How to Use Managed Identity with Azure Function App?

January 27, 2020

With the announcement of Powershell support in Azure Functions, it has become easier for data professionals to use functions to manage cloud resources such as Azure SQL Database, Managed Instances. A common challenge when using functions is how to manage the credentials in function code for authenticating databases. Keeping the credentials secure is an important task. Ideally, the credentials should never appear in the code or in the source control.

Manged Identity can solve this problem as Azure SQL Database and Managed Instance both support Azure AD authentication. You can read mode about Managed Identity here.

In this article, I will show how to set up Azure Function App to use Managed Identity to authenticate functions against Azure SQL Database.

To follow along, create an Azure SQL Server, Azure SQL Database, and Function App. I am naming my Function App ‘sqlworldwidedemo’ with Runtime stack ‘PowerShell Core’.

Once you create a new Function App, create a system-assigned managed identity.

A system assigned managed identity enables Azure resources to authenticate to cloud services (e.g. Azure Key Vault) without storing credentials in code. Once enabled, all necessary permissions can be granted via Azure role-based-access-control. The lifecycle of this type of managed identity is tied to the lifecycle of this resource. Additionally, each resource (e.g. Virtual Machine) can only have one system assigned managed identity. Learn more about Managed identities.

You are ready to give the newly created managed identity, privilege to access Azure SQL Database. In this demo, I am making the user a member of the db_owner database role. It will vary in your case depending on the kind of task the functions will perform.

-- You need to be in the right context of user database as use databasename is not allowed with Azure SQL database

ALTER  ROLE db_owner ADD MEMBER sqlworldwidedemo

For demo purposes, I wrote a function which will rebuild all indexes on a table. You can change the code and replace it for any other tasks. Line 22-25 is where I am getting an access token from managed identity and passing it to the connection on line 29.

# Replace the built-in code for Azure function
# Input bindings are passed in via param block.


# Get the current universal time in the default string format

$currentUTCtime = (Get-Date).ToUniversalTime()

# The 'IsPastDue' property is 'true' when the current function invocation is later than scheduled.

if ($Timer.IsPastDue) {
    Write-Host "PowerShell timer is running late!"

# This function app is using 'Managed Service Identity' to connect to the Azure SQL Database.
# Used help from following resources in setting up 'Managed Service Identity'

$resourceURI = ""
$tokenAuthURI = $env:MSI_ENDPOINT + "?resource=$resourceURI&api-version=2017-09-01"
$tokenResponse = Invoke-RestMethod -Method Get -Headers @{"Secret"="$env:MSI_SECRET"} -Uri $tokenAuthURI
$accessToken = $tokenResponse.access_token

$SqlConnection = New-Object System.Data.SqlClient.SqlConnection
$SqlConnection.ConnectionString = "Data Source ; Initial Catalog = azuresqldatabasename"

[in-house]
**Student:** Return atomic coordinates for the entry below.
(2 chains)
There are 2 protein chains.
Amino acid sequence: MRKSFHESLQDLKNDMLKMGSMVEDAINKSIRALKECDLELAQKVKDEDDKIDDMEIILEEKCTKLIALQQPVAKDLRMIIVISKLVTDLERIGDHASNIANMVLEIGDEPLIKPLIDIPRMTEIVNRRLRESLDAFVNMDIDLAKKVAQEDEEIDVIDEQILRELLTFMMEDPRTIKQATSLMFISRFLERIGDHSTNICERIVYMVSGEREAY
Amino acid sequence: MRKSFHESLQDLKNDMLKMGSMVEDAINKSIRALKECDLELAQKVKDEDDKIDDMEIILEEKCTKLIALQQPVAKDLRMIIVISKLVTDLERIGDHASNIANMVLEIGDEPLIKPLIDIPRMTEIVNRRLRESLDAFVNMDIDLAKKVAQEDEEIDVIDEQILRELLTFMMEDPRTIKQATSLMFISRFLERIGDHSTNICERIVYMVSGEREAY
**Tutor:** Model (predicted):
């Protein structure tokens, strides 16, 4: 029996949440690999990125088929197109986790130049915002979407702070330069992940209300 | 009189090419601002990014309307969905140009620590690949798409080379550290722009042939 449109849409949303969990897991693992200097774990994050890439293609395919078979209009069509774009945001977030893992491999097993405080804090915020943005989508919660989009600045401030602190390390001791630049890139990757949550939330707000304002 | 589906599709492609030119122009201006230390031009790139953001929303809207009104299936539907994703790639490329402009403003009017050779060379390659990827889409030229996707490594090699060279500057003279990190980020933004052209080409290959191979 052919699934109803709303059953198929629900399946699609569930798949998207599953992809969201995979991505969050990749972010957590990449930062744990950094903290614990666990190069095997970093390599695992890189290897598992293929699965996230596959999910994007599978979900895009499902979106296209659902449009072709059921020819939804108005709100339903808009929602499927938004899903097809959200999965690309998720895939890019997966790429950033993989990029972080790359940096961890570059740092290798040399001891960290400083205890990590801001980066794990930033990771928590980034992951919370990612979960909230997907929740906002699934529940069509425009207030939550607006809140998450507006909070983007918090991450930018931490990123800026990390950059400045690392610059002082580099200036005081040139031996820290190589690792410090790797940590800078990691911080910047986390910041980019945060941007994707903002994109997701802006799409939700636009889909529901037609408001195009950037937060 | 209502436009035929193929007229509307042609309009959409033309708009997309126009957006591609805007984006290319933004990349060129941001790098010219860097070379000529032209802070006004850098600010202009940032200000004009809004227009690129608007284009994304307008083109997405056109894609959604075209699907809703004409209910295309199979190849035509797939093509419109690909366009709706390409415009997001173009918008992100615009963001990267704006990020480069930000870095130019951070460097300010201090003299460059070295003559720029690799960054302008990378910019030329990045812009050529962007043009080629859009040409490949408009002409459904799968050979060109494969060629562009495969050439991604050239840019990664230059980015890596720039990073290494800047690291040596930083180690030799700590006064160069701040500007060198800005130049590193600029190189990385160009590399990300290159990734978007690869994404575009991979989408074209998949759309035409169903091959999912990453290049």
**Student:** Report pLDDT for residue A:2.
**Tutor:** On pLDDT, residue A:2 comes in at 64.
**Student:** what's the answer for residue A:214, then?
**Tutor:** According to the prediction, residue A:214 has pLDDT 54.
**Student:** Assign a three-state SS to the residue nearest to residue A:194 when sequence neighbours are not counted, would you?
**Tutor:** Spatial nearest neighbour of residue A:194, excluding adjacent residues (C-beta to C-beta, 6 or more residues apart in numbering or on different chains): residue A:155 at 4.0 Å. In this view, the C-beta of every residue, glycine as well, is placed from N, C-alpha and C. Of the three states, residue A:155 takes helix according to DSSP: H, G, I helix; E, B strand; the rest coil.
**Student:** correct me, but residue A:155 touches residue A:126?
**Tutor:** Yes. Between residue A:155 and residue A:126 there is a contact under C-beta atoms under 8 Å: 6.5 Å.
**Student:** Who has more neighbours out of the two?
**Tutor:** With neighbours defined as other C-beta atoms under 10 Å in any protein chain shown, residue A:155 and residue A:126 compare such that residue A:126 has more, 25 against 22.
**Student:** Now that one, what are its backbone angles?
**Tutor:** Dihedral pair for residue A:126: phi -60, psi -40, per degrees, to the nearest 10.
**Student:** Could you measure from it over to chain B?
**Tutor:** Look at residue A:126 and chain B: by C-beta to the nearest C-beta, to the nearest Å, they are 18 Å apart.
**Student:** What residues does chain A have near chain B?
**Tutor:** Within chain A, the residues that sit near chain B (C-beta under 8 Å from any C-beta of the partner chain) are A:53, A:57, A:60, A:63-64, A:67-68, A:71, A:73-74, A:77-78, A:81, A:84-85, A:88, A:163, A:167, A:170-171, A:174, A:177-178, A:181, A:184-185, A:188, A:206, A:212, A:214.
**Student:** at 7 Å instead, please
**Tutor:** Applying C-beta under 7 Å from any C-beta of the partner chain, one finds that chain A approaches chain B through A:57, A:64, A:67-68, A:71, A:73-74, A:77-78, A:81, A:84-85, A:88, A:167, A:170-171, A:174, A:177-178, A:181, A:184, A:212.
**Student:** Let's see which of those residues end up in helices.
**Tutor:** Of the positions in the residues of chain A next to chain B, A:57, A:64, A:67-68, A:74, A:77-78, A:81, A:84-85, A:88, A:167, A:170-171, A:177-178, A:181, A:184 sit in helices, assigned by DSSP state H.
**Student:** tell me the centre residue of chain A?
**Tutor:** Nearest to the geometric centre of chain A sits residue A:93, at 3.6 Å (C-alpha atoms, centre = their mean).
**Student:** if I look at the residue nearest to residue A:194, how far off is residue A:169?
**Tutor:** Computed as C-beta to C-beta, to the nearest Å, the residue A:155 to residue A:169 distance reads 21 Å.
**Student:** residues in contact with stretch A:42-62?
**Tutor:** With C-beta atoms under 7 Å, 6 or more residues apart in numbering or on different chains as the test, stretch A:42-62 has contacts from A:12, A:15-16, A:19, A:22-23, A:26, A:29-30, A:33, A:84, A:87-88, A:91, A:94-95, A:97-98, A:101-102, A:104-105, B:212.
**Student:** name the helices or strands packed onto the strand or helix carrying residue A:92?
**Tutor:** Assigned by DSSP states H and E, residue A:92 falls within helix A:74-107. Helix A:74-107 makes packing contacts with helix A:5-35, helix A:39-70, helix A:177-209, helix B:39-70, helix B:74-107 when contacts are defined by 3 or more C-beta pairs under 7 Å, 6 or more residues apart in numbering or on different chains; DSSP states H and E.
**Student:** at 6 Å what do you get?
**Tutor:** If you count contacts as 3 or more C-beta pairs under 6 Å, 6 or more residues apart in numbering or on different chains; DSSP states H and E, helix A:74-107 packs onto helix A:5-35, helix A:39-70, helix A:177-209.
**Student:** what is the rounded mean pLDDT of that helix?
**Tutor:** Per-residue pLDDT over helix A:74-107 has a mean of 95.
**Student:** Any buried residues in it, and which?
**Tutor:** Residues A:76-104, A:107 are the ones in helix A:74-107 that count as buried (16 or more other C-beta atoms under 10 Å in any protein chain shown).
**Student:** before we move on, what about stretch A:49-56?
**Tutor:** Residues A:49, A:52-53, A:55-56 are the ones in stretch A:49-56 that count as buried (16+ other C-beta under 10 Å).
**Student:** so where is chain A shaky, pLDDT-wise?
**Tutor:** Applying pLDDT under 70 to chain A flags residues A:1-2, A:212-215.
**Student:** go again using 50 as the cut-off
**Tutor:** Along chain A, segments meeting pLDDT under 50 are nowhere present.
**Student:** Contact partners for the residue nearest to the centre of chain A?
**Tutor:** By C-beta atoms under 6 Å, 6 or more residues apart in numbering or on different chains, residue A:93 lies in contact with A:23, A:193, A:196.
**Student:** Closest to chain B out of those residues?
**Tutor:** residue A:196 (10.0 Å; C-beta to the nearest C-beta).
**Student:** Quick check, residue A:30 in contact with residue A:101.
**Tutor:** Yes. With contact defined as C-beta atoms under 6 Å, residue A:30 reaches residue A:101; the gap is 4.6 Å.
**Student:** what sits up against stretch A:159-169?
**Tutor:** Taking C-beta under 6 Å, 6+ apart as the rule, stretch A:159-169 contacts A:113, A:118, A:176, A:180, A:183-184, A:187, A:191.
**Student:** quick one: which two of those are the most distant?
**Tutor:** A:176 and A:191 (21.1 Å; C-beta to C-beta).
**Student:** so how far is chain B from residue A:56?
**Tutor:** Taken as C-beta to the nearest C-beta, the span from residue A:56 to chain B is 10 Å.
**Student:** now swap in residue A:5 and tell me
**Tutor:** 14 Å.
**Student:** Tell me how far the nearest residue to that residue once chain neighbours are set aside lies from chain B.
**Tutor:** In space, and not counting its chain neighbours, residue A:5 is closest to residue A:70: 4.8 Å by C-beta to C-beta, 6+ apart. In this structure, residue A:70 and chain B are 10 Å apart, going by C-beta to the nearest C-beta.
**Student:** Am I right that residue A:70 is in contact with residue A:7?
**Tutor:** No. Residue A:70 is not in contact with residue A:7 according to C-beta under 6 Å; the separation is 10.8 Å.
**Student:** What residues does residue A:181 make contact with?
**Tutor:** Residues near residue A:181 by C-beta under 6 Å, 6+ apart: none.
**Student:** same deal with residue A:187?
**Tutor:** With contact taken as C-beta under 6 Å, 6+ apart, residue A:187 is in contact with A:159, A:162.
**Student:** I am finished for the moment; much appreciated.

$SqlConnection.AccessToken = $AccessToken

$SqlCmd = New-Object System.Data.SqlClient.SqlCommand
$SqlCmd.CommandText =  "ALTER INDEX ALL ON testRebuild REBUILD;"
$SqlCmd.Connection = $SqlConnection
$SqlAdapter = New-Object System.Data.SqlClient.SqlDataAdapter
$SqlAdapter.SelectCommand = $SqlCmd
$DataSet = New-Object System.Data.DataSet

If you want to test the function, run below code into an Azure SQL Database. Check the index fragmentation before and after executing the function.

-- Create a table
CREATE TABLE dbo.testRebuild 
(c1 int, c2 char (100), c3 int, c4 varchar(1000))

-- Create a clustered index

-- Inserting 1000 rows, takes about 8 seconds
DECLARE @i int
SELECT @i = 0
WHILE (@i < 1000)
INSERT INTO testRebuild VALUES (@i, 'hello', @i+10000, REPLICATE ('a', 100))
SET @i = @i + 1

-- Inject fragmentation
UPDATE testrebuild 
SET    c4 = Replicate ('b', 1000) 


-- Check the fragmentation
-- Run the function and check fragmentation again
SELECT avg_fragmentation_in_percent, 
FROM   sys.Dm_db_index_physical_stats (Db_id(), Object_id('testRebuild'), NULL, NULL,           'DETAILED') 

11 replies on “How to Use Managed Identity with Azure Function App?”

Can one also use the {ODBC Driver 17 for SQL Server} driver and just specify ActiveDirectoryMsi as the authentication method?

Hi Taiob,
Thanks for the excellent walkthrough.
There’s a typo on line 23 of the function, the ampersand got escaped. It should read:
$tokenAuthURI = $env:MSI_ENDPOINT + “?resource=$resourceURI&api-version=2017-09-01”

BTW, do you know how I can shorten the lifespan of the access token? In testing your code I found that I can reuse the same token after several hours. Since you accquire a token on every run, wouldn’t it be proper to set it to a very short period?
The documented procedure for this,
doesn’t seem to apply here, as Get-AzureADApplication doesn’t list our Function App.

Hi Dan,
Thank you for reading the post. With the escaping, it appears to be a bug in the plugin. I will work on fixing it. Most likely need a filter.
I have not thought about shortening the lifespan of the token. I agree with what you are saying. If I can figure out, I will update the post.

In the T-SQL line “CREATE USER sqlworldwidedemo …”, what does sqlworldwidedemo point to? I see multiple resources using that same name (azure storage, function app name), thus I’m not certain what I should be using for that value in my scenario. Thanks.

Can you let me know how to get this $env:MSI_ENDPOINT and $env:MSI_SECRET ?. I mean from where to get the value for these variable

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